Samuel L. Leiter is Distinguished Professor Emeritus (Theater) of Brooklyn College and the Graduate Center, CUNY. He has written and/or edited 27 books on Japanese theater, New York theater, Shakespeare, and the great stage directors. For more of his reviews, visit Theatre’s Leiter Side (


15 Minutes with Melissa Errico

December 2nd, 2016 Comments off
Melissa Errico (photo: Brigitte Lacombe via The Broadway Blog.)

Melissa Errico (photo: Brigitte Lacombe via The Broadway Blog.)

Currently starring in Irish Repertory Theatre’s production of Finian’s Rainbow (extended until January 29, 2017), Melissa Errico is re-defining the ingénue. Her self-written feature in The New York Times was a hallmark moment for the 46-year-old actress, who refuses to play to age-based limitations, writing:

The ingénue police are knocking, but I’m not letting them in. They know the great Mary Martin was 46 when she played the young postulant Maria Von Trapp in the original The Sound of Music. (They probably knocked on her door, too.)

And Finian’s Rainbow is a fable always worth retelling, with an absurd plot that is really not absurd at all. It’s about equality, peace, racism and tolerance. It is about a more hopeful America where each person might see beneath the surface of another, and find within oneself a tolerance toward oneself — even a celebration — as we allow our own surfaces to change. 

The Broadway Blog had a chance to catch up with the Tony Award-nominated actress in between shows and an overflowing life with her husband, three daughters, and Yorkshire terrier.

Melissa Errico in 'Finian's Rainbow' (Photo: Carol Rosegg via The Broadway Blog.)

Melissa Errico in ‘Finian’s Rainbow’ (Photo: Carol Rosegg via The Broadway Blog.)

Why do you think Finian’s Rainbow resonates with today’s audiences?

I’ve done the show over the course over 15 years. Concerts then a full production, then a concert at Town Hall. We opened Oct 25 but by the time we had the election the show was very different.

It’s hitting a nerve, offering a possibly reassuring voice. A model of liberal racial politics — somewhat antiquated — but still a model. Yip (E.R. Harburg, the show’s lyricist and book writer) was a great humanitarian and liberal activist. Finian’s Rainbow is about inclusion and we’re living in a time that many people feel threatened.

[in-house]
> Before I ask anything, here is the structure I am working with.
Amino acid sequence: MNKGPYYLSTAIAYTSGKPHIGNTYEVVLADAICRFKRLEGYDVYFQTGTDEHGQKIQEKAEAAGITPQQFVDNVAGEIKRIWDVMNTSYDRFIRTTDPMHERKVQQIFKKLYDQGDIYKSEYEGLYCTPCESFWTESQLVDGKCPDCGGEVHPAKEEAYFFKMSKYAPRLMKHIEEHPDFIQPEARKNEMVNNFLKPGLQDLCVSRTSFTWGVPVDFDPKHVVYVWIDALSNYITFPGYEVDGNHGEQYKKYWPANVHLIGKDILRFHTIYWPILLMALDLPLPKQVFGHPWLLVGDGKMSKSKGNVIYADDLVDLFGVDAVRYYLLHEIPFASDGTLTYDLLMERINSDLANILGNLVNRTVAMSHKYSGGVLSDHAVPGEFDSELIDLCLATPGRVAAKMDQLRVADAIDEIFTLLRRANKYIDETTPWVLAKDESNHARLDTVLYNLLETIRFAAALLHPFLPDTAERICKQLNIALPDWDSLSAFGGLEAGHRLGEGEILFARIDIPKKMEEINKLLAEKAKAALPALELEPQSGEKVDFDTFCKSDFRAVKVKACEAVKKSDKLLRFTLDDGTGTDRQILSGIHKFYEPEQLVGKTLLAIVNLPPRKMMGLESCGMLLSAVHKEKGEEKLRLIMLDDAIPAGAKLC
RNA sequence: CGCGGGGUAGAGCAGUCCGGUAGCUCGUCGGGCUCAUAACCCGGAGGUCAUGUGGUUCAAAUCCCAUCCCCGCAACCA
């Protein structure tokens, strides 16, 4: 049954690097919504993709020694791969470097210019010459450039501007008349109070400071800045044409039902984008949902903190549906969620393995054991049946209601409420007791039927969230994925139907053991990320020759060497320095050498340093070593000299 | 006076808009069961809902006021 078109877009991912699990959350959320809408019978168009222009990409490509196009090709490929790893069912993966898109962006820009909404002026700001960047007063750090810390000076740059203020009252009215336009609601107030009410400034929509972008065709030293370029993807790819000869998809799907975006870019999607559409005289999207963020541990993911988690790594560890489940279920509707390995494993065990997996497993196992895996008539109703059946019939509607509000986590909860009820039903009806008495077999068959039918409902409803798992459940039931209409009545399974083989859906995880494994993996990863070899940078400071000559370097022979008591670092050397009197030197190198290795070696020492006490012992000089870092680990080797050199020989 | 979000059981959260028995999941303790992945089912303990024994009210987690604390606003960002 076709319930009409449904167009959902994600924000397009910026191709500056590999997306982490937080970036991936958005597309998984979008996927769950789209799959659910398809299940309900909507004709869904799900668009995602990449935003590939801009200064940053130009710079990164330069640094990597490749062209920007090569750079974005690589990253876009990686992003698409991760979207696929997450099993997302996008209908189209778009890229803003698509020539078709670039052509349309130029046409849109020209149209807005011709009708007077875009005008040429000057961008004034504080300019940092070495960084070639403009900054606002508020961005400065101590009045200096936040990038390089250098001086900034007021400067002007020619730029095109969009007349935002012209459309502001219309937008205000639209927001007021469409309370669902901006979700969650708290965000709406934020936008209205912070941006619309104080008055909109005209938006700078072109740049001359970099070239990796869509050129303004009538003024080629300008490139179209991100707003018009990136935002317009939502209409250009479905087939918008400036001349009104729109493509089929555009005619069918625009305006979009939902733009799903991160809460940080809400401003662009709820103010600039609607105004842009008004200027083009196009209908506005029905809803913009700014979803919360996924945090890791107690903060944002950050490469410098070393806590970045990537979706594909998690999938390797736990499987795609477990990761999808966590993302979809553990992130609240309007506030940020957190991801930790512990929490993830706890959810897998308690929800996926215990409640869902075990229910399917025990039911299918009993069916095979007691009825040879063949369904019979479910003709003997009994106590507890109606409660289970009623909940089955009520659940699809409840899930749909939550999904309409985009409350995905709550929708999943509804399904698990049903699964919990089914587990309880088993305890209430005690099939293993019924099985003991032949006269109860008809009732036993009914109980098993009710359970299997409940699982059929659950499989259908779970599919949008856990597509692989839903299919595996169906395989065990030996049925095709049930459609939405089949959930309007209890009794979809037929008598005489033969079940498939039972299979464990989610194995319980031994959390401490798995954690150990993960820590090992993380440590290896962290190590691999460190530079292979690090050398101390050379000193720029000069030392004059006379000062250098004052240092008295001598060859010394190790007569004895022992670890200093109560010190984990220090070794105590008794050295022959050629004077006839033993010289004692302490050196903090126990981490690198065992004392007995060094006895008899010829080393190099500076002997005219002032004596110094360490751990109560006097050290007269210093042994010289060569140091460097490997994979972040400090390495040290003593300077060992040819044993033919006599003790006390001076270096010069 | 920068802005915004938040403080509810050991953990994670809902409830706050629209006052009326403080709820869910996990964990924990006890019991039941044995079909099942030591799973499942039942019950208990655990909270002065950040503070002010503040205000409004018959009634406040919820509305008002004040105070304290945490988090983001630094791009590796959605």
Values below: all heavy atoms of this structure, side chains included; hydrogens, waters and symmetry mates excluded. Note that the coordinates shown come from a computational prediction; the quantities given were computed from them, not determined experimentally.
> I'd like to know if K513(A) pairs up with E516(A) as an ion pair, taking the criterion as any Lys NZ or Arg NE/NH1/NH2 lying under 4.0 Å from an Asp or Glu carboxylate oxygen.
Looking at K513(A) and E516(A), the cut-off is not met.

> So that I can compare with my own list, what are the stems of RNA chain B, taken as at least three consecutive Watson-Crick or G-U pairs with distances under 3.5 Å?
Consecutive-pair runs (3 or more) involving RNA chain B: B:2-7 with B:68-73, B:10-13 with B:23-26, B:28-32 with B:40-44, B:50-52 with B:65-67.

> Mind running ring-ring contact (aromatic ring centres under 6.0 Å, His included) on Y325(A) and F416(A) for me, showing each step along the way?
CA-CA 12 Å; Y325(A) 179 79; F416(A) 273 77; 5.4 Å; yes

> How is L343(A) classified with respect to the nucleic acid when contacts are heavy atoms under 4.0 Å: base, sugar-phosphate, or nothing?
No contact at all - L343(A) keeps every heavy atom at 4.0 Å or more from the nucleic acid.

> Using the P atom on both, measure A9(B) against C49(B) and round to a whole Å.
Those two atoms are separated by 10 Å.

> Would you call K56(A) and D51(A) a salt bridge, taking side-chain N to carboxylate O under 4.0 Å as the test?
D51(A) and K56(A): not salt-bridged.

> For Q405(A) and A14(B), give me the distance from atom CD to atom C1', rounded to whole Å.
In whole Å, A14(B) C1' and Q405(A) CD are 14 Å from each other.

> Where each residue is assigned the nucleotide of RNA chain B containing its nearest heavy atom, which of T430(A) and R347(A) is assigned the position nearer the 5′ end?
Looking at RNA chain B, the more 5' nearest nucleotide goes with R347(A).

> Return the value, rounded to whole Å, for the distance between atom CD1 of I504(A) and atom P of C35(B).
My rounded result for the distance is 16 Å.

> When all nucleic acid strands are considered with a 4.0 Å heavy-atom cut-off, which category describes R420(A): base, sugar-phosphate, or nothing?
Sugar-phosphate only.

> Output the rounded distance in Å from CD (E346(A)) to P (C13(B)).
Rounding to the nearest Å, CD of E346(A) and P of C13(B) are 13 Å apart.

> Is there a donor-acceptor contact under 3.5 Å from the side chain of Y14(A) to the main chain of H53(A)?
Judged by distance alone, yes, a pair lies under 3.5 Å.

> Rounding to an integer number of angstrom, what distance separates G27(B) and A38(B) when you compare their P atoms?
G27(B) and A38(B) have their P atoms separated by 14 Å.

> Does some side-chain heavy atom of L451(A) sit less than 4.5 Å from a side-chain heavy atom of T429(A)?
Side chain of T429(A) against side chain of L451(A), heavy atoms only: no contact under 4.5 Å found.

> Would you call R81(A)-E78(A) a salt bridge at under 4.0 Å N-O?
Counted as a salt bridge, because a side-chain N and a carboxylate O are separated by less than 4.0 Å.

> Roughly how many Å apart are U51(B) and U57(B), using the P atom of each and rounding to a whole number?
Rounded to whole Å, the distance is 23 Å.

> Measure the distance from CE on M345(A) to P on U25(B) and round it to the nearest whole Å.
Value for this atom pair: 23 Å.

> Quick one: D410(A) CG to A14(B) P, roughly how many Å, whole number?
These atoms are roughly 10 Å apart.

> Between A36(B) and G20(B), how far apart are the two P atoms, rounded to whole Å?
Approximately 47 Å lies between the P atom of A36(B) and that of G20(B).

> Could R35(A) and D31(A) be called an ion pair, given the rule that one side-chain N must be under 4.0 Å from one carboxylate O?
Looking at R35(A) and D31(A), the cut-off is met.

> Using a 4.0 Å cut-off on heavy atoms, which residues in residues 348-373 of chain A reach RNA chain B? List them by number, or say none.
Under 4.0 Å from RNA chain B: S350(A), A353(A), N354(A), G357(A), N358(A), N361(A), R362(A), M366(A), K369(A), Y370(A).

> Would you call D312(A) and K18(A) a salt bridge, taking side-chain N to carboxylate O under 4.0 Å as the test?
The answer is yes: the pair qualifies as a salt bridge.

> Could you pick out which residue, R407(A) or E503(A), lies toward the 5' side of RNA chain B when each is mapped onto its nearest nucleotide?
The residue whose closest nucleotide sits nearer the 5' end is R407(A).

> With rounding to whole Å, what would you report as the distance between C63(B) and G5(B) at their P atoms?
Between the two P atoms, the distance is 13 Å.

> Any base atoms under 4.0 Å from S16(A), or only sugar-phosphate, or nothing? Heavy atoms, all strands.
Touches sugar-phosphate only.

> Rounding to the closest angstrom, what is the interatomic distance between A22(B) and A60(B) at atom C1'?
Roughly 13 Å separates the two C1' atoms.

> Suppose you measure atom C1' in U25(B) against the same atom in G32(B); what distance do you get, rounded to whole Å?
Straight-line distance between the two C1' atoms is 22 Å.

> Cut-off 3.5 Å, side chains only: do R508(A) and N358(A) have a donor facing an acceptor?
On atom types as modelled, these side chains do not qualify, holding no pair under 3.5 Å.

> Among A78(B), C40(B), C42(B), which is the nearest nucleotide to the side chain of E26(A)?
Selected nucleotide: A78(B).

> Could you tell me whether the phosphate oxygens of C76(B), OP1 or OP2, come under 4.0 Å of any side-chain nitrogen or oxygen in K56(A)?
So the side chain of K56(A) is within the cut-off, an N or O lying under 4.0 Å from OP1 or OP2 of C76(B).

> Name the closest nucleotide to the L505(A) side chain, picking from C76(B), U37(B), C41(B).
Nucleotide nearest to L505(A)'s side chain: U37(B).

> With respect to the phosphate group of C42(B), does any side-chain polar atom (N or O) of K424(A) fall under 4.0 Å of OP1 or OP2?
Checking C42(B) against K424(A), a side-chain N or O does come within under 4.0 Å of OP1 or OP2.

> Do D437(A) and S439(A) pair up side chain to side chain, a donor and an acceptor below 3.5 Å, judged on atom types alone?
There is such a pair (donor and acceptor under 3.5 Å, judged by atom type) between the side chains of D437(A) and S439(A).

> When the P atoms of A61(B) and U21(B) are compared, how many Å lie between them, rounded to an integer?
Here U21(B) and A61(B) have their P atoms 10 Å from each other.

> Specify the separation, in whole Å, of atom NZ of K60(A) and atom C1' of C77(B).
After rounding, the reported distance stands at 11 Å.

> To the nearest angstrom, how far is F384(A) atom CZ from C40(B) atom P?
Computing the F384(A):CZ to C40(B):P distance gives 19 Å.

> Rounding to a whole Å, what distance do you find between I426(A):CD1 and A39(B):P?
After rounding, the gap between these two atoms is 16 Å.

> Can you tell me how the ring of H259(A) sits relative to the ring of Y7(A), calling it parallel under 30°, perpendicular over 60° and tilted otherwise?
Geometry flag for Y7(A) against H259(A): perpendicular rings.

At first, I didn’t think that the musical was current. In my dream world I thought we were past that. There’s a terrific dialogue exchange that could come out of today’s headlines:

Senator Billboard Rawkins: Of course it’s legal! I don’t know where you immigrants get these radical, foreign ideas!

Sharon McLonergan: From a wee book the immigration officer handed us. It’s called ‘The United States Constitution.’

Finian McLonergan: Haven’t you read it?

Senator Billboard Rawkins: I don’t have time to read it, I’m too busy defending it!

In particular, what do you think makes this production special in Irish Rep’s intimate space?

Irish Rep’s space has become larger and much more playable since it’s recent renovation. There are still those onstage columns, which are incorporated so beautifully into the set design by James Morgan to create this sort of dreamy plantation or rural forest.

From the actor’s standpoint, it’s tight quarters backstage. There’s no chance of warming up and you can plan on brushing your teeth with someone else. There’s this unspoken agreement to be communal and work together, and the only way to succeed is to be that kind of person. Charlotte Moore (Irish Rep’s artistic director) is a genius to find those kinds of people to cast.

In terms of performance, it’s not a Broadway show where you’re ushered along. You’ll notice that there are no microphones — there’s not a speaker in the building. It’s the audience and the actors. And then this all-female Celtic jazz orchestra sits down and forget about it! There’s a lot of color coming out of those four girls. You’ll never have that kind of experience on Broadway.

This is story theater. There’s no ability for the show to get fake or pretentious. We’re constantly looking for the substance, and to tell that story you have to put your heart out there. And then there’s the technical side of things. If I want to crescendo with everything else happening around me I have to walk toward the audience for my voice to rise above the others. There are a million different levels. It’s hard stuff!

The New York Times piece put a spotlight on women of a certain age in the theater. Do you think there’s a double standard?

The theater community wants women to age and wisen and teach and connect and be sensual. But there aren’t a lot of roles out there. But there’s another culture — the world of concerts — where we can create a strong experience and women are not impotent in that domain.